3. If one party refuses to accept the results of arbitration/mediation and it ends up in the courts then that party bears the costs

        Its not quite as simple as the publication always bears the costs. Please correct me if I'm wrong. I picked that up of a senior lawyer on Radio 4.

    5. Craig McGill 1

      Missing the point a bit

      Speaking as someone who has been a journalist and on the other side, I can point out that you are utterly wrong here. This isn't about accuracy - people/organisations will use this as a threat to stop something being published even if it is true. As others have pointed out, the big issue is this will be used as a threat ("Are you 100% sure about that? Will your anonymous quotes stand up in court?") - that's something many firms won't take a chance on, even if the story is true.

      There are times journalism needs to be on the vague side of the law - many a crook has been exposed because journalism did stuff the law couldn't - but all of the recent activity has mostly been about the rich and famous attacking the media that has, at times, been a pain in the backside for them and embarassed them.

      1. Dave 126 Silver badge

        Re: Missing the point a bit

        Indeed. This Autumn saw the child abusing bent cop Gordon Anglesea sentenced to twelve years for his crimes. In 1994, he successfully sued several news outlets, including Private Eye, for libel.

        This is far from the only case. Private Eye doesn't harass the victims of crimes as the News of the World did, its targets are the rich, powerful and corrupt, with some gentle ribbing for the merely stupid.

        1. Alan Brown Silver badge

          Re: Missing the point a bit

          "In 1994, he successfully sued several news outlets, including Private Eye, for libel"

          I do wonder if Private Eye and co can now recover those awards, plus interest?

    6. Dave 126 Silver badge

      >Sorry but the UK press deserve this. It's an utter cesspool of filth. Sorry that you'll need to be sure what you write is accurate, I guess that's terrible for you.

      Part of the British press have behaved abysmally for decades, it is true. However, this law would affect long established news organs that expose the bullshit of our British press, politicians and others.

      http://www.private-eye.co.uk/

      1. John G Imrie

        +1

        for mentioning Lord Nome's mighty organ.

      2. Anonymous Coward
        Anonymous Coward

        The only thing right here is that action needs to be taken. However, there are two winners in this proposal: the lawyers, who as we all know are very much part of the establishment which has a grip on this country and will do so even more now that the morons voted last year for them to get their way, and of course those people who are up to no good and don't want people to find out as it will be an inconvenience to them. Of course, they tend also to be entrenched within the same crony network.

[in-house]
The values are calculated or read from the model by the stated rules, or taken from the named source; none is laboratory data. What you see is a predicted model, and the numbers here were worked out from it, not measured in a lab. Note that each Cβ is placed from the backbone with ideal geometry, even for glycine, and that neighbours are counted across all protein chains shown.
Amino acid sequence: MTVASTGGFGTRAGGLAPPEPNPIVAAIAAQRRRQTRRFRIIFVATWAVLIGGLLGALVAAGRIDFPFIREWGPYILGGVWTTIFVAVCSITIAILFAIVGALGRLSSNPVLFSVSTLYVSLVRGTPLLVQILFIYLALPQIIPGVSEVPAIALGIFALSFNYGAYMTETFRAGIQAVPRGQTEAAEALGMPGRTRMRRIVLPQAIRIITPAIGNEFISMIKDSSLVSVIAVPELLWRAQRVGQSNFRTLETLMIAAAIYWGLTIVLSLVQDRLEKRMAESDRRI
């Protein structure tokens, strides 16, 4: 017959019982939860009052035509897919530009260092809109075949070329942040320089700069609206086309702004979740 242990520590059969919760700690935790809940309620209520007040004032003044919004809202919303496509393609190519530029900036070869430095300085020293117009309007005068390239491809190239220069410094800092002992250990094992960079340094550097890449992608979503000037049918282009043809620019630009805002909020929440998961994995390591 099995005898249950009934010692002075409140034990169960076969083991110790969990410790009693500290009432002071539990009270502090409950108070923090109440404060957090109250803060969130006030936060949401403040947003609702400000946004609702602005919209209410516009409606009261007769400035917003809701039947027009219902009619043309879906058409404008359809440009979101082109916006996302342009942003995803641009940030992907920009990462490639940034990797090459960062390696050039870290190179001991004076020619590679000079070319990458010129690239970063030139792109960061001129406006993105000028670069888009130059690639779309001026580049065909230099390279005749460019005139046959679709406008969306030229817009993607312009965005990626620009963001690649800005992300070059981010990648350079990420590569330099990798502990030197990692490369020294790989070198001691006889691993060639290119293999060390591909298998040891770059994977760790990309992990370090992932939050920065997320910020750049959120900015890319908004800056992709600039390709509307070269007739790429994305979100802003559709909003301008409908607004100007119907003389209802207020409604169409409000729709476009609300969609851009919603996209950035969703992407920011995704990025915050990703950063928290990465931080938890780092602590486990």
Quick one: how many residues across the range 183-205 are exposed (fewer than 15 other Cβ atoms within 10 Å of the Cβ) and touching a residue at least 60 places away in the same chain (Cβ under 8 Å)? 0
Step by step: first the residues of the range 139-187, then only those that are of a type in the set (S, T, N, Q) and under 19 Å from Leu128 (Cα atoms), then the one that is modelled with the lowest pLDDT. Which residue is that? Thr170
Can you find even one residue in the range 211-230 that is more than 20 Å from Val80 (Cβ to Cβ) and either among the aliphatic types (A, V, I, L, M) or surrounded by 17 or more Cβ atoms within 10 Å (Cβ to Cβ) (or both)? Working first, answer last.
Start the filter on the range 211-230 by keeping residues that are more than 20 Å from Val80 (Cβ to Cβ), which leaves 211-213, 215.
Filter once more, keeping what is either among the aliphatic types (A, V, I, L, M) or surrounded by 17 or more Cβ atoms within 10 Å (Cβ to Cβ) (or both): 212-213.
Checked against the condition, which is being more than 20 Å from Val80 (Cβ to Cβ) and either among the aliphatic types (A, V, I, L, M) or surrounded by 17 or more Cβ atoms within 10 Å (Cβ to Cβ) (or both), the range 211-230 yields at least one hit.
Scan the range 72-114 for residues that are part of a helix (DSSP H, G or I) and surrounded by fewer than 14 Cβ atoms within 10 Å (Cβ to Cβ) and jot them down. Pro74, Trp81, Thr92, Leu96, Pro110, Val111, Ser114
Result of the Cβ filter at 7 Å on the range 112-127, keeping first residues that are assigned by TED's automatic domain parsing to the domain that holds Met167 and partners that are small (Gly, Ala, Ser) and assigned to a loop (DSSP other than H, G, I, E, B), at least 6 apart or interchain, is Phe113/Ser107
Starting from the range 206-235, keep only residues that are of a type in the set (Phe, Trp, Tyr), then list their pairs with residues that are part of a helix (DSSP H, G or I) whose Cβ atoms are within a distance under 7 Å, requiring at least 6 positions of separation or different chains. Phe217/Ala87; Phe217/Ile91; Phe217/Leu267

What actually needed to be done was to properly regulate the press. Not in a way to stop them actually publishing stories but to ensure that if they do engage in improper activities they will be held to account and will be punished for them. After the Milly Dowler scandal, a few low level staff were held to account (rightly) and were punished. Their superiors who benefited from the activities were given gardening leave and funnily enough are back doing what they always were. The News of the World was simply rebranded and continues to spout its evil crap.

        And of course we had a very expensive enquiry which oversaw this injustice and many legal cases, all paid for by the general public to make lawyers and all their chums richer than they already were.

        A big song and dance was made last year about who influences and controls this country and where the so-called sovereignty actually lies. The truth is there is a disease endemic to Whitehall and Lincoln's Inn. This is just another symptom.

    7. Wiltshire

      RE << Sorry but the UK press deserve this.>>

      Sorry, complete and utter logic failure there.

      Like, some Muslims are terrorists, therefore all Muslims deserve to be treated like terrorists.

  4. frank ly

    re. Quadsys

    I fully agree with your arguments and opinions but I'm confused by your use of the Quadsys situation as an example.

    If people are charged with an offence and appear in court then this is a public event, in principle and in practice. Provided you report the facts, as stated in court papers and announcments or by repetition of court journalist's published articles then how can anyone use a legal procedure to prevent you from reporting it?

    1. Filippo Silver badge

      Re: re. Quadsys

      Under the rules described in the article, it's easy. They just need to file a lawsuit.

      They cannot win, because, as you notice, the journalist is just repeating public documents. But they don't need to win. With the new rules, the journalists will pay the legal fees even if the suit is obviously frivolous. So, they just need to rack up enough legal fees to cripple the journalists.